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Ohio State University Coach Jim Tressel has resigned amid NCAA infractions and allegedly lying to everyone about everything. The media bashing floodgates have opened, and like a broken levee, new waters of allegations break through almost hourly. Everyone has an opinion, and rightfully so. Sports is a public activity. The public has the right to speak and the media, like flies on a dead possom, has the right to pounce. But when it comes to what happened with Coach Tressel, his team and college sports, don’t believe the hype.

Until you have children, mainly multiple teens, you will never fully understand the path you must navigate when raising young adults, let alone 120 young men at a time. The role of a coach to so many young people from varying backgrounds is an unimaginably challenging job, especially when you are competing with so much to get their hearts, minds and attention.  You’re constantly competing with their background and everything they’ve picked up during their first 18 plus years. You’re competing with their new cemented star statuses, their fame and its lures, their attitudes and definition of manhood.

Like a parent, as a coach, you hope to have more planting days and less putting out fire days.  Listening to AJ Hawk, Cam Heyward and other OSU football alums talk about the great impact of Coach Tressel on their lives makes you remember that as a parent, a coach can only teach, set the right example and pray they listen. You’re happy when most do and torn when others don’t.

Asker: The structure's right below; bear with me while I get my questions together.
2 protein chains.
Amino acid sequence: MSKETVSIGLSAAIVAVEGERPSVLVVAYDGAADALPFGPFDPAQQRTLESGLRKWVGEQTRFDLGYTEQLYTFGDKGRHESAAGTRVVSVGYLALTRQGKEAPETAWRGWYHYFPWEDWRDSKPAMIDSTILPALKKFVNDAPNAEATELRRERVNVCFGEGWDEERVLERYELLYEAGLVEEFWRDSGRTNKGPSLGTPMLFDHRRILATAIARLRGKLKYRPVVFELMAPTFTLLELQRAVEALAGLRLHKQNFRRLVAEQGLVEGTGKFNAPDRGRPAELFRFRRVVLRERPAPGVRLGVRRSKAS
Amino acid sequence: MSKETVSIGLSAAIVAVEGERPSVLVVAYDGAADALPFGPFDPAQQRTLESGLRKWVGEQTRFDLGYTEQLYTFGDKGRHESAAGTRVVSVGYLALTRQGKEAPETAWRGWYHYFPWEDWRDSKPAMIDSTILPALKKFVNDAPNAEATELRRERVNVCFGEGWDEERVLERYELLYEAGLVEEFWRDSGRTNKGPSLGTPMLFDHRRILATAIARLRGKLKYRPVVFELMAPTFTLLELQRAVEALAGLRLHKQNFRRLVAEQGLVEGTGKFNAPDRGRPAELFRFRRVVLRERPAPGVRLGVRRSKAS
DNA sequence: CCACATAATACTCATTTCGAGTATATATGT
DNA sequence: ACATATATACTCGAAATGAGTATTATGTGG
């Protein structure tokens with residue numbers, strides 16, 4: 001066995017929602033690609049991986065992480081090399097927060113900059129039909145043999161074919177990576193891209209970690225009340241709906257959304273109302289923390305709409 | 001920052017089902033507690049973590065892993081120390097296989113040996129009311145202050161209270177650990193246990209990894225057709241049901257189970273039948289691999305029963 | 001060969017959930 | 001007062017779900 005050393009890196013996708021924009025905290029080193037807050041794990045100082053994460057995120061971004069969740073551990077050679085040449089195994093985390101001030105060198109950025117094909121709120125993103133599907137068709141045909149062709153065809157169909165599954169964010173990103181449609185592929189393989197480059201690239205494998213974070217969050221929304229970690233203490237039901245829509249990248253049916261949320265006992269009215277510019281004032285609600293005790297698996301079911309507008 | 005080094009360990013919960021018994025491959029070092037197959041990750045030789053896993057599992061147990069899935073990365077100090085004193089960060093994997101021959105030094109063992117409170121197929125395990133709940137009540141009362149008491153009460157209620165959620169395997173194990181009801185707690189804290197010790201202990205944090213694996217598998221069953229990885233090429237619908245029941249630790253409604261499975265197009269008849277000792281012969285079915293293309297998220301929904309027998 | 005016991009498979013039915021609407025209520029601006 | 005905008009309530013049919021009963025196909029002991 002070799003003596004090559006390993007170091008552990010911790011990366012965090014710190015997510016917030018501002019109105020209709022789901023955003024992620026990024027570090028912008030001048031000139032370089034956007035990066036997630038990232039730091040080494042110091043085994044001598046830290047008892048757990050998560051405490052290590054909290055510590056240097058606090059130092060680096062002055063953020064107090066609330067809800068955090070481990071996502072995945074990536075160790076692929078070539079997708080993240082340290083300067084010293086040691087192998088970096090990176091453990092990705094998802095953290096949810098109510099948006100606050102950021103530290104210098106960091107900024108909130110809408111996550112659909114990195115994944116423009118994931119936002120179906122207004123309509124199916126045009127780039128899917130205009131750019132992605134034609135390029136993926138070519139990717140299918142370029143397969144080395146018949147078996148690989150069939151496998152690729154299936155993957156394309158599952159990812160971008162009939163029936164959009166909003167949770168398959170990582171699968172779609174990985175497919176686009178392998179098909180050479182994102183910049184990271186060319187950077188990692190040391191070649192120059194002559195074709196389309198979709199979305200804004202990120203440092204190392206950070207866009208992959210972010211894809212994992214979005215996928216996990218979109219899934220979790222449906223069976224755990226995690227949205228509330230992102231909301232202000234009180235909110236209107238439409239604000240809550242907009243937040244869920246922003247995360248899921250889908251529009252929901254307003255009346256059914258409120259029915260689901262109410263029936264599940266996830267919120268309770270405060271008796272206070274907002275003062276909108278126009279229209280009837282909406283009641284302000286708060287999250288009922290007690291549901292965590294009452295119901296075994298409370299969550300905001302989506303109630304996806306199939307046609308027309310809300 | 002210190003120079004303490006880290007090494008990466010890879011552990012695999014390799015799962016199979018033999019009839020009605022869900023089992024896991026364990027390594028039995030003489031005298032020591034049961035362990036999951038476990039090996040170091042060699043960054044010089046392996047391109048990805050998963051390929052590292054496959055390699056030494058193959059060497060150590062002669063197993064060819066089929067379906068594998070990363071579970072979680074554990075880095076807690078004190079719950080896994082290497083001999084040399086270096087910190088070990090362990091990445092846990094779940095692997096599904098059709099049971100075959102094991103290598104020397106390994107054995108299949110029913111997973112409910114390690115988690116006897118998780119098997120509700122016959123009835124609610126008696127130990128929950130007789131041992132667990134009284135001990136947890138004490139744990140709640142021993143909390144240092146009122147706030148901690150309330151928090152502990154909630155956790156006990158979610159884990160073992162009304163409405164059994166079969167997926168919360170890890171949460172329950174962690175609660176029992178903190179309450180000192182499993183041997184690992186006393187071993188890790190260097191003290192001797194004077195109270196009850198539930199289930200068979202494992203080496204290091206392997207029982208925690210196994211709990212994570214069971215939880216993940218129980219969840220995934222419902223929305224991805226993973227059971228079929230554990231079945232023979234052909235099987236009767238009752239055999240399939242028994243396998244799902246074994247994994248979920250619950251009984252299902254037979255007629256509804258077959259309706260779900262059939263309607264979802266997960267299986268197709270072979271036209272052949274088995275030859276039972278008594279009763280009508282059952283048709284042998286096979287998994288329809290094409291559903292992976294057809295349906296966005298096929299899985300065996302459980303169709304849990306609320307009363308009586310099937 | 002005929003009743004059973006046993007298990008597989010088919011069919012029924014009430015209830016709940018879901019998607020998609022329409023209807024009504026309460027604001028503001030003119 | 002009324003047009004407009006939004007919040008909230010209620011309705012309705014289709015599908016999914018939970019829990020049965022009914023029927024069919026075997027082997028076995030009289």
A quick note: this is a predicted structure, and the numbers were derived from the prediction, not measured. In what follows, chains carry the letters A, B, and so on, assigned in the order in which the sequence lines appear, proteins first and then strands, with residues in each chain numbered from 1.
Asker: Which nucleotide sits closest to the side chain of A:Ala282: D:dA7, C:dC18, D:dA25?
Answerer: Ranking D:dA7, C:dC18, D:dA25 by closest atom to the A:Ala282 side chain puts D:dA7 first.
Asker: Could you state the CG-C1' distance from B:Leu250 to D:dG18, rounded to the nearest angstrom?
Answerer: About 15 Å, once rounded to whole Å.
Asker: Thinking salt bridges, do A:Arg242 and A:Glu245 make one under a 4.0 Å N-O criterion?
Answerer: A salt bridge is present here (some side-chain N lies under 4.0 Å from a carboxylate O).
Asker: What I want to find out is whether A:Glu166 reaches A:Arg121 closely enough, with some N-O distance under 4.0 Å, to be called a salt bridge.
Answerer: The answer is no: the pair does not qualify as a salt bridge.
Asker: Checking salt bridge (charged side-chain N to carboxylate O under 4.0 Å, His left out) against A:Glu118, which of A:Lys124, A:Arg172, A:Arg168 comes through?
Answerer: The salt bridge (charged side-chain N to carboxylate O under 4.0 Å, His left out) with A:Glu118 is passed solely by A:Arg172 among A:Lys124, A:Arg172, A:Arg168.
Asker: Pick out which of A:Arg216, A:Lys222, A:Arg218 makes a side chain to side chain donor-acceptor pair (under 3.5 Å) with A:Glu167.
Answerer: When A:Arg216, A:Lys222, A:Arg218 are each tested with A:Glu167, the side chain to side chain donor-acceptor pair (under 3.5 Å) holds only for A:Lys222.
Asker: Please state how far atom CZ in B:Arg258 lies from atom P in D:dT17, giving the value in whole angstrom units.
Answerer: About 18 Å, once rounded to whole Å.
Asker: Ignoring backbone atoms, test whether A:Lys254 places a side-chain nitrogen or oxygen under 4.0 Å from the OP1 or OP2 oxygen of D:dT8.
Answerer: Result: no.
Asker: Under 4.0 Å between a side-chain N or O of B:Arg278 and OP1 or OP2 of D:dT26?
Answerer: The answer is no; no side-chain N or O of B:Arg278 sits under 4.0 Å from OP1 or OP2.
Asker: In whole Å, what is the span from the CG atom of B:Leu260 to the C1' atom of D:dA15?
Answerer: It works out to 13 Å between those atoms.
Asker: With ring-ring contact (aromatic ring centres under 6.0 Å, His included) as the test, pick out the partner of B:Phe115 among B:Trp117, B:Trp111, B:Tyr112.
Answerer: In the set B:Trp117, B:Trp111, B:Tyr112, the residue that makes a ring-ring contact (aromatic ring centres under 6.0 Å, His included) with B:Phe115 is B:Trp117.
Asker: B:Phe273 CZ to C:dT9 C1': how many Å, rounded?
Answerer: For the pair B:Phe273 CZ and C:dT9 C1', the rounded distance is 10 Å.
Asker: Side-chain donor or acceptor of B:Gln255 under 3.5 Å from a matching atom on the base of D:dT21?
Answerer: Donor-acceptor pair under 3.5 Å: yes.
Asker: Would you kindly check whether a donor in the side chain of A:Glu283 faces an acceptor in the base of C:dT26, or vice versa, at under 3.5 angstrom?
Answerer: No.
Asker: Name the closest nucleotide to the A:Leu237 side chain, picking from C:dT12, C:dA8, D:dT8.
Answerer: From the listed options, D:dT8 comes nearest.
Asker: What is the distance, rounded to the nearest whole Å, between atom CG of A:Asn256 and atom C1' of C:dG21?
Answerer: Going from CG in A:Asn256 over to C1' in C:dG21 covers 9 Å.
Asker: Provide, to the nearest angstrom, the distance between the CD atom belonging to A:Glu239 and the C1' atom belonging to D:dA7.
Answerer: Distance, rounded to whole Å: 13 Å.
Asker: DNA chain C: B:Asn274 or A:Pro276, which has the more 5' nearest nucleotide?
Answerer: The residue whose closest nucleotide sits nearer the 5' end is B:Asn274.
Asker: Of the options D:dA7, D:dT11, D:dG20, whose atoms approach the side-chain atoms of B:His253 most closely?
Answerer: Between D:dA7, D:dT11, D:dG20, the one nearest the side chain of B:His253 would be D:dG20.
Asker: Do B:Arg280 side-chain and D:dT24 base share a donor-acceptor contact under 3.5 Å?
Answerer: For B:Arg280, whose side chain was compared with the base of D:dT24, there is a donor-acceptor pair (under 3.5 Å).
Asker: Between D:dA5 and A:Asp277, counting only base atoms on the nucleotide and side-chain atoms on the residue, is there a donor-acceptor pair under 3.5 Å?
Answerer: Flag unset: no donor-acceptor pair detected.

So, let’s look at the main allegations against Coach Tressel. He allegedly lied about not knowing and not reporting players selling their stuff for financial gains, as NCAA rules indicate. Yes, he should have followed the letter of the law and reported what he knew when he knew it. But don’t be quick to throw this man’s integrity under the bus.  Great men and women of integrity make mistakes, for reasons that will never make headlines. Tressel’s failure to report his players makes him loyal to a fault, but it should not diminish his greatness as a man, a husband, a father, a coach and mentor to thousands.

Coach Tressel was in a tough place, as a coach and a parental figure. Many times as parents, our children put us in some bad places and positions.  We make the best choice we can at the time. We try to teach and better our kids without destroying their lives, their future. When Tressel reportedly reached out to one of his player’s close family friend to alert him about what he knew in hopes that someone else who loves this kid would reach out to help stir him straight, it said something about Tressel: He’s not perfect, but he cares about his players. Kids will break rules. They will deliberately do the opposite of what you have taught them.

With sports being larger than life, we forget college athletes are young adults with more temptation than most of us will ever see in our lifetime. Is this an excuse? No, it’s a fact. Just ask the thousands of former players whose lives he touched. Why would I allow my son, a growing Division 1 prospect to play for Tressel? Because if I were in his shoes, I probably would have responded with my heart instead of my head. Does this make me a person with no integrity? No, it makes me a parent.